Michael Rosen's Sad Book by Michael Rosen and Quentin Blake (Candlewick Press, $16.99). All ages.
An award-winning author has written an unusual and powerful picture book about coping with grief -- surely a useful therapy tool for people of any age who are grappling with the loss of a loved one. The incomparable Quentin Blake contributed the expressive illustrations.
Cork & Fuzz by Dori Chaconas (illustrated by Lisa McCue, Viking Easy-to-Read, $13.99).
A new buddy story for beginning readers about a muskrat and possum has a quiet humor and simple charm that calls to mind Arnold Lobel's classic "Frog and Toad" series. McCue's expressive illustrations add to the fun.
The Bumblebee Queen by April Pulley Sayre (illustrated by Patricia J. Wynne, Charlesbridge, $14.95).
An acclaimed author and poet offers a simple, lyrical story about the life cycle of a bumblebee queen. (Extra information about the life of bees is included on each page.) The beautiful illustrations are by a well-known scientific illustrator.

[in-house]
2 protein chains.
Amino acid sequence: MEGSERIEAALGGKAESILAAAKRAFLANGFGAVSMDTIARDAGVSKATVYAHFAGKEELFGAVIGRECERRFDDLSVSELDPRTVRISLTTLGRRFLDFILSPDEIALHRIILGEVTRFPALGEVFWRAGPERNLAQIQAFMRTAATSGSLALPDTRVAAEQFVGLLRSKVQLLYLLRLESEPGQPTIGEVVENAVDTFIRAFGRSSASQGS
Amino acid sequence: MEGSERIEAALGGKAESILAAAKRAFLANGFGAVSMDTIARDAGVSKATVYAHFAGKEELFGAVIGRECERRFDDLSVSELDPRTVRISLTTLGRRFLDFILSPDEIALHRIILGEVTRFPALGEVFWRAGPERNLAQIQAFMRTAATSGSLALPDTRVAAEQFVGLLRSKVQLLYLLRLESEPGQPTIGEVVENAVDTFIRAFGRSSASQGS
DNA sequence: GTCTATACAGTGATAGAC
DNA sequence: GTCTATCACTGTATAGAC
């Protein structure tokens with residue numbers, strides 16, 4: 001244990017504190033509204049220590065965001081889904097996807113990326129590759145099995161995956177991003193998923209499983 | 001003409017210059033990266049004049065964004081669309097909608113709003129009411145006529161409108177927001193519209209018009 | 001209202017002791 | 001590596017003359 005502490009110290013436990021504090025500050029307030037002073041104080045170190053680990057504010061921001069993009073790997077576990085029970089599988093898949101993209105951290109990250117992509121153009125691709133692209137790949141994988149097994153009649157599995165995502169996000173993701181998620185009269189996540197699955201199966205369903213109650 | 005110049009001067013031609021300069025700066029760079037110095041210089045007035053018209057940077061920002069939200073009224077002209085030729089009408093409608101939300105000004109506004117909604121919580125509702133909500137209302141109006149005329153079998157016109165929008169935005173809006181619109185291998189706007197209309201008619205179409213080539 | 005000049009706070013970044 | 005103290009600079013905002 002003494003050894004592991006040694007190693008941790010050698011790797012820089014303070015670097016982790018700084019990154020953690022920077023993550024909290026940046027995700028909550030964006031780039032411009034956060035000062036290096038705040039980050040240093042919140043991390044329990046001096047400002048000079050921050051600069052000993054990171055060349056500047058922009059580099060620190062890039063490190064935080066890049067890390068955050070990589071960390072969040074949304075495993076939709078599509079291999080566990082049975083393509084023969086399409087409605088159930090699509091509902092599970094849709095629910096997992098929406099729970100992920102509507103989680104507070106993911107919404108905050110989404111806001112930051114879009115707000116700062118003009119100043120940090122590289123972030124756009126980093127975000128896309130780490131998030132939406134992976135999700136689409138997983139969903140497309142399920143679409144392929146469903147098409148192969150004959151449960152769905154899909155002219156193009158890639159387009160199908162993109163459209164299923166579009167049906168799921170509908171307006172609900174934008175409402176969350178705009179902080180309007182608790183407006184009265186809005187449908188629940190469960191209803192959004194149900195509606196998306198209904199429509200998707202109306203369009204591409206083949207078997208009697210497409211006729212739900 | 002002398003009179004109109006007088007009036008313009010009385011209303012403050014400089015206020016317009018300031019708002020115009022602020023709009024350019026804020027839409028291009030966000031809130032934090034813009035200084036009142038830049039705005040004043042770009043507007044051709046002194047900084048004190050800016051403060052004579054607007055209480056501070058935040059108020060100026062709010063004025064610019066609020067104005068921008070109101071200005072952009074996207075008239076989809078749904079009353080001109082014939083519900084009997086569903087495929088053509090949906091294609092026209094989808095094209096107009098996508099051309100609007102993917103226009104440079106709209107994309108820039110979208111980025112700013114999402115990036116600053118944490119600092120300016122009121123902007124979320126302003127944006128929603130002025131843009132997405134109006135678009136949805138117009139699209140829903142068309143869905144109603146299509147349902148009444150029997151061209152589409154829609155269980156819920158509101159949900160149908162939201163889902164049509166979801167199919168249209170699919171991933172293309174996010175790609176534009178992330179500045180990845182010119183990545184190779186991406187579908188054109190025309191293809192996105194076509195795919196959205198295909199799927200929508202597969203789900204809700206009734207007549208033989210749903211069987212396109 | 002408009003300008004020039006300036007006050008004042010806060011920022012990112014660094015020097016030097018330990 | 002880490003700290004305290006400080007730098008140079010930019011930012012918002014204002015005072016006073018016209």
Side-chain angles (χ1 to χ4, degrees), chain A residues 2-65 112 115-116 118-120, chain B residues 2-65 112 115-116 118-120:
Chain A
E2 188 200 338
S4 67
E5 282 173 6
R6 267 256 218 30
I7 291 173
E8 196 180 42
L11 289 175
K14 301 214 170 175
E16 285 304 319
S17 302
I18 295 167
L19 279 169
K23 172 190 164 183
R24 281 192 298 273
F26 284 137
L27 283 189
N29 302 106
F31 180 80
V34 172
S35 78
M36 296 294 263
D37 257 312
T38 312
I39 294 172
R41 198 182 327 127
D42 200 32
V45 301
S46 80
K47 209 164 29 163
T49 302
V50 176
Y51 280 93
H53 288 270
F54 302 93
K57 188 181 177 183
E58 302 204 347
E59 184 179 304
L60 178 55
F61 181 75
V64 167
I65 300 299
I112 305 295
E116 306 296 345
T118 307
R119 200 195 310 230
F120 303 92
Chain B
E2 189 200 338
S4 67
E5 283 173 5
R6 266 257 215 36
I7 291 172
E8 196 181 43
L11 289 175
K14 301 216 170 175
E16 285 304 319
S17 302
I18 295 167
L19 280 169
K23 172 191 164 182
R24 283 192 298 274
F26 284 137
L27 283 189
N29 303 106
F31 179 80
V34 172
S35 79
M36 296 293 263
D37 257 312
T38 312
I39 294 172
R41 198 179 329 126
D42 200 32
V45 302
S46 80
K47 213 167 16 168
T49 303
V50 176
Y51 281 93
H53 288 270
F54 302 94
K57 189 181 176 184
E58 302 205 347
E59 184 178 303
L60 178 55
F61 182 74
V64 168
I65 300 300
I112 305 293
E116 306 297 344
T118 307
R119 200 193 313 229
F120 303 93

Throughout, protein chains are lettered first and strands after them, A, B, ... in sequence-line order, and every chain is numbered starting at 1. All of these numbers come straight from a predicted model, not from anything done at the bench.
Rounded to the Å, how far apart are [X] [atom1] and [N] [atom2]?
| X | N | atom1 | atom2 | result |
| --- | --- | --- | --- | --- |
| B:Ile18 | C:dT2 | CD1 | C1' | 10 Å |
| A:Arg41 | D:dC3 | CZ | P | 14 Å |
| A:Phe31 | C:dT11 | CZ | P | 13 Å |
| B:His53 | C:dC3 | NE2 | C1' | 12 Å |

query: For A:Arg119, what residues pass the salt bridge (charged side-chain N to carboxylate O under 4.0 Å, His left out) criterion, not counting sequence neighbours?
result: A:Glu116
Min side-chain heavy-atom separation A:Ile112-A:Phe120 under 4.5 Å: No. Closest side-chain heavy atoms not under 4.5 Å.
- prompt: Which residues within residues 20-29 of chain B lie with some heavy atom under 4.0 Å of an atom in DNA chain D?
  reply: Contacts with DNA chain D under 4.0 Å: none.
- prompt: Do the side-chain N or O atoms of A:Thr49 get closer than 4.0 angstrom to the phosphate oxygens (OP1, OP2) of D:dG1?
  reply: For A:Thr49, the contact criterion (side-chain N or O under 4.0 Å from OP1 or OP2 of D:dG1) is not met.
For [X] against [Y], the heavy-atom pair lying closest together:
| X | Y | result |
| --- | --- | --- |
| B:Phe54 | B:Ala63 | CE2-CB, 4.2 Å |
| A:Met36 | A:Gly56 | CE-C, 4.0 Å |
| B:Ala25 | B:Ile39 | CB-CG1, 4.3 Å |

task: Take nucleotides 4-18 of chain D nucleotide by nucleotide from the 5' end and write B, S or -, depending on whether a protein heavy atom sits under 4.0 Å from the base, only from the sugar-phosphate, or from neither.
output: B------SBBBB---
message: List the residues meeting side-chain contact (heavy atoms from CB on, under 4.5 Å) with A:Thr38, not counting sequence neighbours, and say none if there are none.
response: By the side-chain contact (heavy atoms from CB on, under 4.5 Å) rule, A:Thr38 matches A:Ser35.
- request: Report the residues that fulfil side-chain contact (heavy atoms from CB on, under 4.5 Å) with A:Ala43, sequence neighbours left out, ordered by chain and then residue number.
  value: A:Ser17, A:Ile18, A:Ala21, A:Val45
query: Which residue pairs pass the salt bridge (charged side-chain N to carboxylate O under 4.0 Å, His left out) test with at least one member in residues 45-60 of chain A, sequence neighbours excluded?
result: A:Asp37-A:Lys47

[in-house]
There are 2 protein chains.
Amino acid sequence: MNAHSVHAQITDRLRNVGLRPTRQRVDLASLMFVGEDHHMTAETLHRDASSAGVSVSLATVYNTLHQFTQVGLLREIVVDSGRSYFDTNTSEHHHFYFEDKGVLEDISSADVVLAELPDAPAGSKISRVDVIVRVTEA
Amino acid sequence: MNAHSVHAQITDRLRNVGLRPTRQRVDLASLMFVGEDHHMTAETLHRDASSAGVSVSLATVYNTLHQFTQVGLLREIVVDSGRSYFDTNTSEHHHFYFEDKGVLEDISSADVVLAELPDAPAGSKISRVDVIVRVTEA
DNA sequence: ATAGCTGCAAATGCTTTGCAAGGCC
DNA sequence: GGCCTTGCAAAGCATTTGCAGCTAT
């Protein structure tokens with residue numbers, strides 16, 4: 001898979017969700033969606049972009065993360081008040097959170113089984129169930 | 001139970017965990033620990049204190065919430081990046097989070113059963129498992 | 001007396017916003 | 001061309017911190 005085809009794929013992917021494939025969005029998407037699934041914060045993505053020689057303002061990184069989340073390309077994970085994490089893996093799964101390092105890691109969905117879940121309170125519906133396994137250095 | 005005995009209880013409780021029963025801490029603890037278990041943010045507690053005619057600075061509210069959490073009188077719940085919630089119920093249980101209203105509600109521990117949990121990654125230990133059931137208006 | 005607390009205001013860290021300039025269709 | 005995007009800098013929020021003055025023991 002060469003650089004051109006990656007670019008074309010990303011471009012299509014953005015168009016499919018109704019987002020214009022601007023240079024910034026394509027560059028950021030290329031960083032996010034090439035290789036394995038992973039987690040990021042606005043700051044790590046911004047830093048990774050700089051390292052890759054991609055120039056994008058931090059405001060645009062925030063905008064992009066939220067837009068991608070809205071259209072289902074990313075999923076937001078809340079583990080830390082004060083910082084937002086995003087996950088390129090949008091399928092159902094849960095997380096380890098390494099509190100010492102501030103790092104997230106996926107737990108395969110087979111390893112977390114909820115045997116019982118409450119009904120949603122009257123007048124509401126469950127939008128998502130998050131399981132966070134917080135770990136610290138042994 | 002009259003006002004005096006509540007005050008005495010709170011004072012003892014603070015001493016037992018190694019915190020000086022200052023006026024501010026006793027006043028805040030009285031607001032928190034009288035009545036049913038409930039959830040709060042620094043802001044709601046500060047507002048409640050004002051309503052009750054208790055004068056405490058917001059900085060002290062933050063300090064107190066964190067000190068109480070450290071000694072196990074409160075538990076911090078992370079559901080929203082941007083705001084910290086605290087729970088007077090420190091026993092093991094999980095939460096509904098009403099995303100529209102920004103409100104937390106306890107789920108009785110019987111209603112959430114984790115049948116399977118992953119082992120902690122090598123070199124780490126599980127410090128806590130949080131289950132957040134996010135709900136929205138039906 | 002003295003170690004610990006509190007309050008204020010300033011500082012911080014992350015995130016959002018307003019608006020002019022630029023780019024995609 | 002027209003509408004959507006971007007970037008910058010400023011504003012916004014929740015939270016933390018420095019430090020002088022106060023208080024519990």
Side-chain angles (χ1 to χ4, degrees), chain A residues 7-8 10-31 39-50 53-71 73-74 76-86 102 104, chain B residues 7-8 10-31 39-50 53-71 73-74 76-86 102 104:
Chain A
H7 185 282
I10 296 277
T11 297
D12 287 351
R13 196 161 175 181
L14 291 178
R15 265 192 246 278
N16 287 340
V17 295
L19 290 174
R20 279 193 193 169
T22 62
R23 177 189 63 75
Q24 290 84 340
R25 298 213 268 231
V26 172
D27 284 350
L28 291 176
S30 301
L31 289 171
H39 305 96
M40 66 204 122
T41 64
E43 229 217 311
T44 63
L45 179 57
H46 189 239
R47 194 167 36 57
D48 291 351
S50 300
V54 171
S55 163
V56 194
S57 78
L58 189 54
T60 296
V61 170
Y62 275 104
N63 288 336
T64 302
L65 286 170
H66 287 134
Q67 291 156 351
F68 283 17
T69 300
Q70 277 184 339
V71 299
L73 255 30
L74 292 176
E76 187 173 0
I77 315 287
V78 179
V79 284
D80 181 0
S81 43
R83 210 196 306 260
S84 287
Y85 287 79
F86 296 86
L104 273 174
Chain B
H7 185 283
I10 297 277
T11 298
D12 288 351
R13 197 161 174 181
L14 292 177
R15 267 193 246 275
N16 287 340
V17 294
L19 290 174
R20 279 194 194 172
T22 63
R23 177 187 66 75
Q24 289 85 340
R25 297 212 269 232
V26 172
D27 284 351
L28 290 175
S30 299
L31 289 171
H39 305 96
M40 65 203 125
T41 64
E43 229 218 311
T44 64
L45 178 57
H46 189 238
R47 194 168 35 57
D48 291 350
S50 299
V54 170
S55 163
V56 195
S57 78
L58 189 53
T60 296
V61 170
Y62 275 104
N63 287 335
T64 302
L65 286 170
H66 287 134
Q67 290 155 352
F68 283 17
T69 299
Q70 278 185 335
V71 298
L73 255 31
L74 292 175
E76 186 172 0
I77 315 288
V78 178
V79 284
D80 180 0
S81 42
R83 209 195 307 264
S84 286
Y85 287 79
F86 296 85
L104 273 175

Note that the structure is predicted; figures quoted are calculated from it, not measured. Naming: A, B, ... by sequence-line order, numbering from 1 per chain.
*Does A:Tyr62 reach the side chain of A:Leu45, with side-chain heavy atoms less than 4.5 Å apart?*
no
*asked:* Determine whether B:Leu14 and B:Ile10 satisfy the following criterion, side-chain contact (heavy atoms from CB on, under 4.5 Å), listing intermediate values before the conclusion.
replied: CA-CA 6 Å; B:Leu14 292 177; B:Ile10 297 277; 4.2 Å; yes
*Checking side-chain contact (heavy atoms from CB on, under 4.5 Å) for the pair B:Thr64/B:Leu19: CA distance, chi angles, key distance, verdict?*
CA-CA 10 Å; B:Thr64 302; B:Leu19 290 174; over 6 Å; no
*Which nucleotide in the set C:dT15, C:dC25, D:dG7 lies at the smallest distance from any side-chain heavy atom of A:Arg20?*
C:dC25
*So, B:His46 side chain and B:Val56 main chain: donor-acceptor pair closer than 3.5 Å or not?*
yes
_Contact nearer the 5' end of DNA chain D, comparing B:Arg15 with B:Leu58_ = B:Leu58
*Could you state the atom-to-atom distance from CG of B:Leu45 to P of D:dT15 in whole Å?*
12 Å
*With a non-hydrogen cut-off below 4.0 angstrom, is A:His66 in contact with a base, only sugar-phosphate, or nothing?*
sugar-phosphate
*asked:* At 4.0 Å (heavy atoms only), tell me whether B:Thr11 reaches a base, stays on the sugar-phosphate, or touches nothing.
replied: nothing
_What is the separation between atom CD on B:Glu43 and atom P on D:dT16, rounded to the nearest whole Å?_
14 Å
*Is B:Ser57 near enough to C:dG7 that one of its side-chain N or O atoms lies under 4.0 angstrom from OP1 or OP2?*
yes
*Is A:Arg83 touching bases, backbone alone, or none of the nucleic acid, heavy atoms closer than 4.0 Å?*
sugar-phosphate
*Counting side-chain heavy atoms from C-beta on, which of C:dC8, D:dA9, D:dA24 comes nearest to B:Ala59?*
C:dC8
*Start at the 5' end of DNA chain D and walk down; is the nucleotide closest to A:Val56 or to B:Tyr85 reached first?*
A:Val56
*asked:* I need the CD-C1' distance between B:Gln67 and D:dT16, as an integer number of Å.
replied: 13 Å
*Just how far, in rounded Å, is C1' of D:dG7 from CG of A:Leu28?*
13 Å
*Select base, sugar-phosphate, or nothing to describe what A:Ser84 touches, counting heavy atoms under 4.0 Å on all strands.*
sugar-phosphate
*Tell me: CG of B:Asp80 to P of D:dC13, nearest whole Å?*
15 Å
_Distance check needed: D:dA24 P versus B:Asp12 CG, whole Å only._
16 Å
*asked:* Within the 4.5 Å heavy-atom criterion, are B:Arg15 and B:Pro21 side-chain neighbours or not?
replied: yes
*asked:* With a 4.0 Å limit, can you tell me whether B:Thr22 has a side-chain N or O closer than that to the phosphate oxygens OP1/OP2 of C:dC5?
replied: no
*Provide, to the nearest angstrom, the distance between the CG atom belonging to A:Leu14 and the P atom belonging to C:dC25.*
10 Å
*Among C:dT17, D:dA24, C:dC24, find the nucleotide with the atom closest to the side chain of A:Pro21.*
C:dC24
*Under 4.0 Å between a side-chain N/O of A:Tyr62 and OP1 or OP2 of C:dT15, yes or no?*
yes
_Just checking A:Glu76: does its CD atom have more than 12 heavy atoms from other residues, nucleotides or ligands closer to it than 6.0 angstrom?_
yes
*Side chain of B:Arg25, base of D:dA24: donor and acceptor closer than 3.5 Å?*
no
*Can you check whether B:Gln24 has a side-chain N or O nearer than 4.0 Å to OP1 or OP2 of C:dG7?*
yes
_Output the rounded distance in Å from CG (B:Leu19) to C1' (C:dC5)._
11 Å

Picasso and Minou by P.I. Maltbie (illustrated by Pau Estrada, Charlesbridge, $15.95).
This charming, beautifully written story is based on a true incident involving Pablo Picasso and his cat Minou, who did indeed bring the starving artist home a sausage (although the details of how the artist abandoned his Blue Period paintings for cheerier subjects are fabricated). The watercolor illustrations bring to life early 20th century Paris.
Stink, the Incredible Shrinking Kid by Megan McDonald (illustrated by Peter H. Reynolds, Candlewick Press, $12.99).
Ages 7 to 10. The author of the popular Judy Moody books devotes a book to Judy's long-suffering little brother Stink. (He brings home the classroom's newt and sister Judy loses him down the sink, for instance.) Stink's trials with his big sister call to mind Peter Hatcher and his battles with nightmare little brother Fudge in Judy Blume's books.
Waggle by Philemon Sturges (illustrated by Jim Ishikawa, Dutton, $16.99).
This irresistibly funny picture book explores the essence of dog and cat and their fierce rivalry and comes up with a most creative explanation of why canines sniff each other's rears to say hello. The playful, colorful illustrations are a riot.
-- Jean Westmoore